How (and Why) to Flow Nitrogen While Brazing

When I started in the trade, the idea of flowing nitrogen while brazing was nothing more than the punchline of a joke. Like pulling a vacuum with a micron gauge or proper recovery, it was a wink and nod proposition rather than a real practice. I've had to unlearn many bad habits since those early days, and the practice of flowing nitrogen while brazing is one that I still hear being mocked as “overkill” by old-timers. It isn't hard, it isn't overkill, and it makes a BIG difference. If you just keep reading instead of rolling your eyes, I will tell you the reasons why.

What Flowing Nitrogen Accomplishes

Copper and oxygen react to create “cupric oxide,” or copper oxide, similar to how iron and oxygen react to create rust. When we heat copper over about 500°, this begins to occur rapidly. As heat and oxygen increase, you'll see more copper oxide scale building up. We see this occur all the time on the OUTSIDE of the copper, where oxygen is prevalent in the air, though this can also occur inside the copper if there is air inside the system rather than dry nitrogen. It's made worse when the joint is hotter and when you leave the copper open to the air for longer periods while working. When we prevent air from entering the lines in the first place by keeping them sealed as much as possible and THEN flow nitrogen while brazing, we can prevent copper oxide from forming—this practice keeps line filter/driers, screens, compressor oil, and valves (ever heard of a bad TXV?) free from contamination and prevents many issues. Not to mention, it ALSO helps speed up the evacuation process.

Why Old-Timers Say it Doesn't Matter

Many techs who have done this work for a long time haven't flowed nitrogen EVER and have gotten away with it because of mineral oil. Older CFC and HCFC refrigerants used mineral oil rather than POE/PVE or PAG oils that we see today, which have higher solvent properties that “scrub” the oxide from the walls and deposit it into driers and screens. Techs in the grocery industry know that when a system is converted from mineral or AB oil over to POE, it is very common for this cupric scale to clog screens pretty quickly after the changeover. The point here is that mineral oil was forgiving on small amounts of cupric oxide on the tubing walls, but POE isn't.

The Process

Keeping copper oxide out of the system is really quite easy with a common-sense approach in place, starting with just pulling the nitrogen tank and flow regulator off of the truck, along with the torches, FIRST THING. There are several great flow regulators on the market—a few built right into the regulator and some that you attach to the outlet of the regulator. Keep in mind that you need to FLOW nitrogen, not PRESSURIZE with nitrogen while brazing. Otherwise, you never get the joints to hold.

  1. REMOVE CORES – When you set up, you first need to remove your cores in the inlet and outlet of the brazing path so that you can get full flow with minimum backpressure.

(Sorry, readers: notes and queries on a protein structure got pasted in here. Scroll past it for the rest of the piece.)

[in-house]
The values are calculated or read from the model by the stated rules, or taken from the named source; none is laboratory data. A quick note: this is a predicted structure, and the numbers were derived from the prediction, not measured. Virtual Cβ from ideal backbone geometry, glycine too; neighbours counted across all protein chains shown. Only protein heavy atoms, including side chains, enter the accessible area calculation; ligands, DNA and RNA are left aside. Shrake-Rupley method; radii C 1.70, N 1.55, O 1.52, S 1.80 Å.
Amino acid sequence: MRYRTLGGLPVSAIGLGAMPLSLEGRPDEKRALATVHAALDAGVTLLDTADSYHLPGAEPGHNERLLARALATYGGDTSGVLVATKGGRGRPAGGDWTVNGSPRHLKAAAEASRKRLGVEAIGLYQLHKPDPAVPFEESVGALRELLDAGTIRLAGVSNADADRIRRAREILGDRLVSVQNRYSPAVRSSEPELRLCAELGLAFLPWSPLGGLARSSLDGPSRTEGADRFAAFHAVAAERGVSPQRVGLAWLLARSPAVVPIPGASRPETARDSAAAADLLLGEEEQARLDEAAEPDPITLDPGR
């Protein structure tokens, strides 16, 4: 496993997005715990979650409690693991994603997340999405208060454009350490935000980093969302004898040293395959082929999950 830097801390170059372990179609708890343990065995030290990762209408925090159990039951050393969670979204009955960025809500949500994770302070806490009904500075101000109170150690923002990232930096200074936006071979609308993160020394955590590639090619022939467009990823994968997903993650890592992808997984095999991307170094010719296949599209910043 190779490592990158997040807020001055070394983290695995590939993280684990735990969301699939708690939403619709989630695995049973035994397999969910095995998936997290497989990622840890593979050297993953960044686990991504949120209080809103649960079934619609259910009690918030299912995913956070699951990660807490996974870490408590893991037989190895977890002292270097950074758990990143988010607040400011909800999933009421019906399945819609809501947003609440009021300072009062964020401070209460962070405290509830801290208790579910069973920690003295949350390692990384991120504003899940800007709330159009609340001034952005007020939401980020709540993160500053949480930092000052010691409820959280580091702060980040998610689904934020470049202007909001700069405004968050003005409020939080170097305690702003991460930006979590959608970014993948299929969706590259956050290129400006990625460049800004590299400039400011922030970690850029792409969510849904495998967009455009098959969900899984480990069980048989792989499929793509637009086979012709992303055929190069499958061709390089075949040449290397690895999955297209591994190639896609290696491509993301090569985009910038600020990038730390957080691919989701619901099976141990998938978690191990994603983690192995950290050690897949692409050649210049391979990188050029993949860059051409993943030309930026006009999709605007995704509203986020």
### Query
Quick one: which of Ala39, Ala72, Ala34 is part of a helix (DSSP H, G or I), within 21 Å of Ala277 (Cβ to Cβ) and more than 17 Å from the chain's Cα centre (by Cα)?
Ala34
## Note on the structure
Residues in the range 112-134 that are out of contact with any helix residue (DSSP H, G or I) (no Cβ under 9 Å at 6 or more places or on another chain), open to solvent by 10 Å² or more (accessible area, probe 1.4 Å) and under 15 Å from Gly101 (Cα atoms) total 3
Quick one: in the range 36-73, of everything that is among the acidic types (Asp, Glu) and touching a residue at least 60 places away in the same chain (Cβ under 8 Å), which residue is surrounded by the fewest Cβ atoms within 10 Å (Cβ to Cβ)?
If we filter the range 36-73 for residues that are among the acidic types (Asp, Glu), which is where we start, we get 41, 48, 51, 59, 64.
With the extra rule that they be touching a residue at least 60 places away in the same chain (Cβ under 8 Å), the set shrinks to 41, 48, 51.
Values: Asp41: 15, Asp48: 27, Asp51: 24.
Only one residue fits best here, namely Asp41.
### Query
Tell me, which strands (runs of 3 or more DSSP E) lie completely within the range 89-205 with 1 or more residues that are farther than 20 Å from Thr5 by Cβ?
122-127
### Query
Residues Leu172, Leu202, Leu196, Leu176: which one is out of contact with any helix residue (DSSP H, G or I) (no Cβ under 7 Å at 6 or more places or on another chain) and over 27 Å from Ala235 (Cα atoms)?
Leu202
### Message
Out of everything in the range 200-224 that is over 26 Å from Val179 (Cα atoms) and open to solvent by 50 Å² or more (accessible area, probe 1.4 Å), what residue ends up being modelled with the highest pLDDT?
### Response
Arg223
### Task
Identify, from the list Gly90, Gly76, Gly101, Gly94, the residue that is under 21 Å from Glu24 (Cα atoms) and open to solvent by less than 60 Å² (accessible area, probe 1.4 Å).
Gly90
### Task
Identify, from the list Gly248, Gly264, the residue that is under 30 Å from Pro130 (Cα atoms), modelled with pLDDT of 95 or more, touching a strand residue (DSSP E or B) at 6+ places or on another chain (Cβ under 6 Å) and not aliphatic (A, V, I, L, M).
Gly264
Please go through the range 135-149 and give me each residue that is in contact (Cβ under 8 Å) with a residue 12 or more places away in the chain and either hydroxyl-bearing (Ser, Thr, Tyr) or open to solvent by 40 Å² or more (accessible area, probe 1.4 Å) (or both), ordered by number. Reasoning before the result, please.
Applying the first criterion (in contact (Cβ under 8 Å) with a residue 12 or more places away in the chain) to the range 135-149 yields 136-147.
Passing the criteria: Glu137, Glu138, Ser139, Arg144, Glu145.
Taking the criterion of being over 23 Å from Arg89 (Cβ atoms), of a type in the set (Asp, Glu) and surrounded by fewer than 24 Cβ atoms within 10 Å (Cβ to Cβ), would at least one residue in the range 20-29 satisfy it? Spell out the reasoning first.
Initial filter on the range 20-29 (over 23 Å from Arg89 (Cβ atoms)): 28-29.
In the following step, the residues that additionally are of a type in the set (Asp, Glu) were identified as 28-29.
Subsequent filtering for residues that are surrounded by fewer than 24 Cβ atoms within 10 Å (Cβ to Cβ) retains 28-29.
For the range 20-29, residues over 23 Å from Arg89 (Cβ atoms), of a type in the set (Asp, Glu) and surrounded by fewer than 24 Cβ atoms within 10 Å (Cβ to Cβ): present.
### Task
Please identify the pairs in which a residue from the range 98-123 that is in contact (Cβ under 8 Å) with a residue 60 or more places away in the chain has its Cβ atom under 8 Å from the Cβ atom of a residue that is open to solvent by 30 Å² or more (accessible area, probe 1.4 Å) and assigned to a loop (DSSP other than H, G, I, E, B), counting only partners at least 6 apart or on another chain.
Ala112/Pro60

2. PURGE OUT AIR – Purge nitrogen at fairly high pressure in the direction of the refrigerant flow to help “chase” the air out of the circuit and fill it with nitrogen.
  3. FLOW WITH 2-5 SCFH – Flow with a VERY LOW flow of 2-5 standard cubic feet per hour of flow, which is just a whisper out the end.
  4. DON'T FREAK OUT – The very last joint can be tough on small systems. It's OK if you shut off the flow or reduce it down to next to nothing for that last joint. Don't make being “perfect” the enemy of getting started flowing nitrogen while brazing. Don't overthink it, and stop making excuses for not doing it.

If you follow this process and then pressure test with nitrogen before evacuation, it will go much more smoothly. All in all, it can save you time in the process. Nitrogen is cheaper than callbacks and early component failure. Use it.

If you need any more convincing or simply want to learn more about flowing nitrogen, give this article a read or watch this video.

—Bryan

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One response to “How (and Why) to Flow Nitrogen While Brazing”

  1. I have a comment about switching from R22 to R410A (see ” Why Old-Timers Say It Doesn’t Matter.”)
    The R22 system using mineral oil could have slug deposited on the copper pipe walls from mineral oil degradation due to time and heat. This slug can cover the copper oxide particles and the R22 system continues to run as usual without the oxide flaking off. However, when the R410A with POE is added, the slug is cut lose with or without the copper oxide ‘flakes’. Then, there is a nasty blackish slug noticed in the filter! The assumption in the article is that the POE cut the copper oxide loose. Wouldn’t it be more correct to say that the POE oil cuts the slug ana hence the oxide is exposed and then carried away. Does anyone have any data to support the statement that the copper oxide is cut loose? Has anyone identified the oxide in the filters or screens?

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